|Partner app||Content||Supported Device|
|Netflix||TV shows, movies||Chromecast, Chromecast built-in, Nest display|
|Hulu||TV shows and movies from basic subscription tier||Chromecast, Chromecast built-in, Nest display|
|Disney+||TV shows, movies||Chromecast, Chromecast built-in, Nest display|
|Apple TV||TV shows, movies||Chromecast with Google TV|
|Google TV||TV shows, movies||Chromecast, Chromecast built-in|
|HBO Max||TV shows, movies||Chromecast, Chromecast built-in|
|CBS [CBS All Access]||TV shows||Chromecast, Chromecast built-in, Nest display|
|CW [CWTV]||TV shows, movies||Chromecast, Chromecast built-in|
|Viki||TV shows, movies||Chromecast, Chromecast built-in|
Depending on your region, you may be missing functionality on a few apps. To play and control streaming app movies and shows on the TV via Google Home:
- Open the app by saying “Hey Google, open YouTube on the TV” or “Hey Google, open Netflix on the Living Room TV”. You just need to say the name of the app to open it
- To play a TV show or movie, you need to say the name of the show, specify the episode and the partner app. For instance, say “Hey Google, play Stranger Things Season 1, Episode 4 from Netflix on the TV”. If you don’t specify the episode, the session may start from the last aired episode, or from the last episode you left off at.
- If you want to play the next or previous episode say, “Hey Google” followed by “Play the next episode on TV” or “Play the previous episode on TV” while a video is streaming on the TV.
- For caption and language caption control, the commands are the same you use for controlling YouTube videos.
Let’s check out some more advanced controls:
- Apart from pausing, skipping, and rewinding with default values of 10 or 20 seconds, you can also have precise control. I figured that I needed to specify the time along with the regular commands for those controls.
- For instance, to rewind an episode by a minute and a half, you can say “Hey Google, rewind 90 seconds on TV”. To jump back to a particular point, you can say “Ok Google, jump back to 4:30 on TV”.
- Certain streaming apps like Netflix, HBO Now, and CBS also support dubbed audio of the same show in one or more languages. You can control that feature as well.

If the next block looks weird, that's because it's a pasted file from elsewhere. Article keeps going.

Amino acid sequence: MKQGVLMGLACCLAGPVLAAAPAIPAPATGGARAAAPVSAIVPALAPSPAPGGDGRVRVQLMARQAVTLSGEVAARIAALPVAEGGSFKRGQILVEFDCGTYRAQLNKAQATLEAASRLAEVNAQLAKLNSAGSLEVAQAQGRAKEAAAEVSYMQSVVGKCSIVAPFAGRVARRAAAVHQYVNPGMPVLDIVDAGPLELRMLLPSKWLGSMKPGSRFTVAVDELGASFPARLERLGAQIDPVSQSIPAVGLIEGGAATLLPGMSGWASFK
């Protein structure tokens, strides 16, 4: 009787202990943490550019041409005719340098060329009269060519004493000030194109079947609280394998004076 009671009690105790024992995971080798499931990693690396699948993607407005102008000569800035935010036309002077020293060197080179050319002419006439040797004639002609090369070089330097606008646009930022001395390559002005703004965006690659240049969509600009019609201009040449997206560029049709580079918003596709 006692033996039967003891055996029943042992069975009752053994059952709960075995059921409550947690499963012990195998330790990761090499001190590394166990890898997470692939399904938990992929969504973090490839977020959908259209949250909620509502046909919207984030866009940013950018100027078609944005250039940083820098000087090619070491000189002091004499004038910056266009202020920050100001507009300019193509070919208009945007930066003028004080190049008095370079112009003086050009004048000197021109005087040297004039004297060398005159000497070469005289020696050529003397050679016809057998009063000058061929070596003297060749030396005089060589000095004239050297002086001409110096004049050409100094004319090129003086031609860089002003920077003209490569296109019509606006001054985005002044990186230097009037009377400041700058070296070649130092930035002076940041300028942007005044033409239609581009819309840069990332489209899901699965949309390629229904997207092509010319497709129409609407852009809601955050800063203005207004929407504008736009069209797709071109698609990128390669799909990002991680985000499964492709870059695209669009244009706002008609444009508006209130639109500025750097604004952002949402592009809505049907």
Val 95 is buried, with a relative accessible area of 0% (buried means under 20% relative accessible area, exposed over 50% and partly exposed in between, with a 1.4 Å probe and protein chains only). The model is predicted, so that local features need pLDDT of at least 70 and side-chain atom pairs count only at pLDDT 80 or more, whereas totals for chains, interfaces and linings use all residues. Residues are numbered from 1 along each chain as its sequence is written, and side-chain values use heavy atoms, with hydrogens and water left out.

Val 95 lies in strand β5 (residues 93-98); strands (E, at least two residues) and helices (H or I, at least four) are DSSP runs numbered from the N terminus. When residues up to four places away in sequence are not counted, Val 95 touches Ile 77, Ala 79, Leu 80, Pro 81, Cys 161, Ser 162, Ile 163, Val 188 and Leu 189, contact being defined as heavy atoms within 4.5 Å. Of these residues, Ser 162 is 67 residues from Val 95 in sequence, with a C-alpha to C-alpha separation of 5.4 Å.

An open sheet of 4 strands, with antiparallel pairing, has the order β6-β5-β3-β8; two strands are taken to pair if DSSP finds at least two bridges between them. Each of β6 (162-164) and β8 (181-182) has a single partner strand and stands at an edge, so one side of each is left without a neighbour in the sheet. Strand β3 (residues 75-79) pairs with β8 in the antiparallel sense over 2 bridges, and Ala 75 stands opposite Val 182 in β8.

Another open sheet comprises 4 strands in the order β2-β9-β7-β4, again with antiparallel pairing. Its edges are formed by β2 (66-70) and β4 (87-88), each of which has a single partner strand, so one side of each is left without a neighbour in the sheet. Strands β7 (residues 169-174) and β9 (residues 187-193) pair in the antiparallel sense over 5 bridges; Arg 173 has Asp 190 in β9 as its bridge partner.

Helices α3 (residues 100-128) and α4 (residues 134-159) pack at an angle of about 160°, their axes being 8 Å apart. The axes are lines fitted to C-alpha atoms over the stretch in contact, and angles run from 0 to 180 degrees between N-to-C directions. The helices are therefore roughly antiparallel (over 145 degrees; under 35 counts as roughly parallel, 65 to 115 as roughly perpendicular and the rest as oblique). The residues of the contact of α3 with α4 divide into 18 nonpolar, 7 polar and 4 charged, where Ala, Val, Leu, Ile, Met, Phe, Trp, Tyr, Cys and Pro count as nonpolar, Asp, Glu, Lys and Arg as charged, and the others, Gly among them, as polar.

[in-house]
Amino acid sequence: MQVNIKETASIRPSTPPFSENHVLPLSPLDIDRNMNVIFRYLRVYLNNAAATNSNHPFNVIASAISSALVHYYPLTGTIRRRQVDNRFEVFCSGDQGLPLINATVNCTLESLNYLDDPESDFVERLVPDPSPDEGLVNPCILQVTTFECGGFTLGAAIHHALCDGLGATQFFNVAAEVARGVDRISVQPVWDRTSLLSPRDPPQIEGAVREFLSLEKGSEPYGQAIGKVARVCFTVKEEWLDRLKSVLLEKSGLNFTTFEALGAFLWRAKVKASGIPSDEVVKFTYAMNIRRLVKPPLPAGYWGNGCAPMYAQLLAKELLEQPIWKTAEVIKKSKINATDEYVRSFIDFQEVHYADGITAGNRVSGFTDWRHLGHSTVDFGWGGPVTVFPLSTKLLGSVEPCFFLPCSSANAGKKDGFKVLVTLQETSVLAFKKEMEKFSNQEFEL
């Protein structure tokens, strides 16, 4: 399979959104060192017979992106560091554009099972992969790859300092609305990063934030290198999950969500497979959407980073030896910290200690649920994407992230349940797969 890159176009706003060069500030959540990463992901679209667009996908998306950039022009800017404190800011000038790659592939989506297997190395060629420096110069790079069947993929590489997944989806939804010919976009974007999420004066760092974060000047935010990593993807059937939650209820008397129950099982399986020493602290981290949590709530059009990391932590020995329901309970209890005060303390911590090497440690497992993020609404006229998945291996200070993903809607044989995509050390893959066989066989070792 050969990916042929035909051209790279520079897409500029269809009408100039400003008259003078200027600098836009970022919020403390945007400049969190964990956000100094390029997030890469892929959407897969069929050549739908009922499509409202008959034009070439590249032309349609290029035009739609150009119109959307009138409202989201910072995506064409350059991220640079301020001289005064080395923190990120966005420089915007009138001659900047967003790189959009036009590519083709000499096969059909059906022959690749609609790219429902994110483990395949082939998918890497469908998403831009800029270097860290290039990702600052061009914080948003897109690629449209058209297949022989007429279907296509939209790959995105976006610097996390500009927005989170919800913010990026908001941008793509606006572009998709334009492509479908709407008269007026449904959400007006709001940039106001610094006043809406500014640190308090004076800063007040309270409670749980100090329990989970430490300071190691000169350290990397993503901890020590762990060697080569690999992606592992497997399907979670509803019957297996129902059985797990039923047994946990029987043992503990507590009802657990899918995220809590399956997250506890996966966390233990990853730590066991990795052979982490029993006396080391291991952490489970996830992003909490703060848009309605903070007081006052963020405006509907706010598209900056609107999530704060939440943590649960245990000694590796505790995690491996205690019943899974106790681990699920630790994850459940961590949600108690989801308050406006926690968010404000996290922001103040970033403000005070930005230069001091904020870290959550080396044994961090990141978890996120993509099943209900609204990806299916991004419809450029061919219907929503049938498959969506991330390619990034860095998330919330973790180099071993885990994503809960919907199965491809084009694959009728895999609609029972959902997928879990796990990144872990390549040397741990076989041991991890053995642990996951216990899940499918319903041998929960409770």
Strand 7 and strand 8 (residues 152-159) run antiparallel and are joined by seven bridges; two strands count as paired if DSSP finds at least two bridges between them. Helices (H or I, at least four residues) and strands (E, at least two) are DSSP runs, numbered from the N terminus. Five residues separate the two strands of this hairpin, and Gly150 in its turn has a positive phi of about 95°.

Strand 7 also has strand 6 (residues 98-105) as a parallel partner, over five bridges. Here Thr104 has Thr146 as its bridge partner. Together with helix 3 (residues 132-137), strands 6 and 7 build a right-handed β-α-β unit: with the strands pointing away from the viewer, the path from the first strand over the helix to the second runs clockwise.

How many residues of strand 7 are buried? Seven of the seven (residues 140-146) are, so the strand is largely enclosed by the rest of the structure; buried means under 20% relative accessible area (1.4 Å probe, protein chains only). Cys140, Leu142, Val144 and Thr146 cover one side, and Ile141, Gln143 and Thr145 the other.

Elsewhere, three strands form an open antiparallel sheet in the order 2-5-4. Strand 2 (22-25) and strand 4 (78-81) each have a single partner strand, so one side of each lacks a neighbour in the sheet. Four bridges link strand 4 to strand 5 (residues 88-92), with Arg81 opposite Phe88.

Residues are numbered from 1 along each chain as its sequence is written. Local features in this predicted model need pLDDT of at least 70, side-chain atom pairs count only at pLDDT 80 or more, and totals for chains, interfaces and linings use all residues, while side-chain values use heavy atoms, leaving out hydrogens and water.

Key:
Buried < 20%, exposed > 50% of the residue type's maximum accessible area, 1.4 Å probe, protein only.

- For instance, if a show has been recorded in Spanish and has only English as the dubbed audio, you can turn on dubbing by saying “Ok Google, Dubbing on” or “Hey Google, can you turn on dubbing?”.
- If a show has multiple dubbing options, you can choose the specific language with voice command. Say “Ok Google, change the language to Spanish” or “Hey Google, Turn on German dubbing” or “Hey Google, play it in French”.
Control volume of your TV with Google Home
Google Home also lets you control media volume on your TV. Even when the media volume was loud on my TV, it was automatically lowered when I said the trigger term, “Ok Google” or “Hey Google”. After you say the voice command, the volume automatically rises to the original setting. A neat user-friendly feature.
To adjust the volume of your TV with Google Home:
- Say, “Hey Google, raise the volume on the TV” or “Ok Google, turn down the volume on the Chromecast Ultra” to raise or lower the volume.
- You can also mute the audio by saying “Hey Google, mute the Bedroom TV”.
Note that Chromecast doesn’t support full volume control. That means you can’t get specific control like “lowering the volume by two levels or 20 percent”. That was a big disappointment since Google Home supports extensive volume control on wireless speakers.
To control your TV with Google Home, you need Chromecast built-in or plugin an external Chromecast device into the HDMI port. While the setup may seem a bit lengthy and complex, following the prompts on the Google Home app made me breeze through the setup and linking process.
If you’re stuck or confused about connection, setup, or voice control, you can always refer to this article. I hope my experience was helpful to you.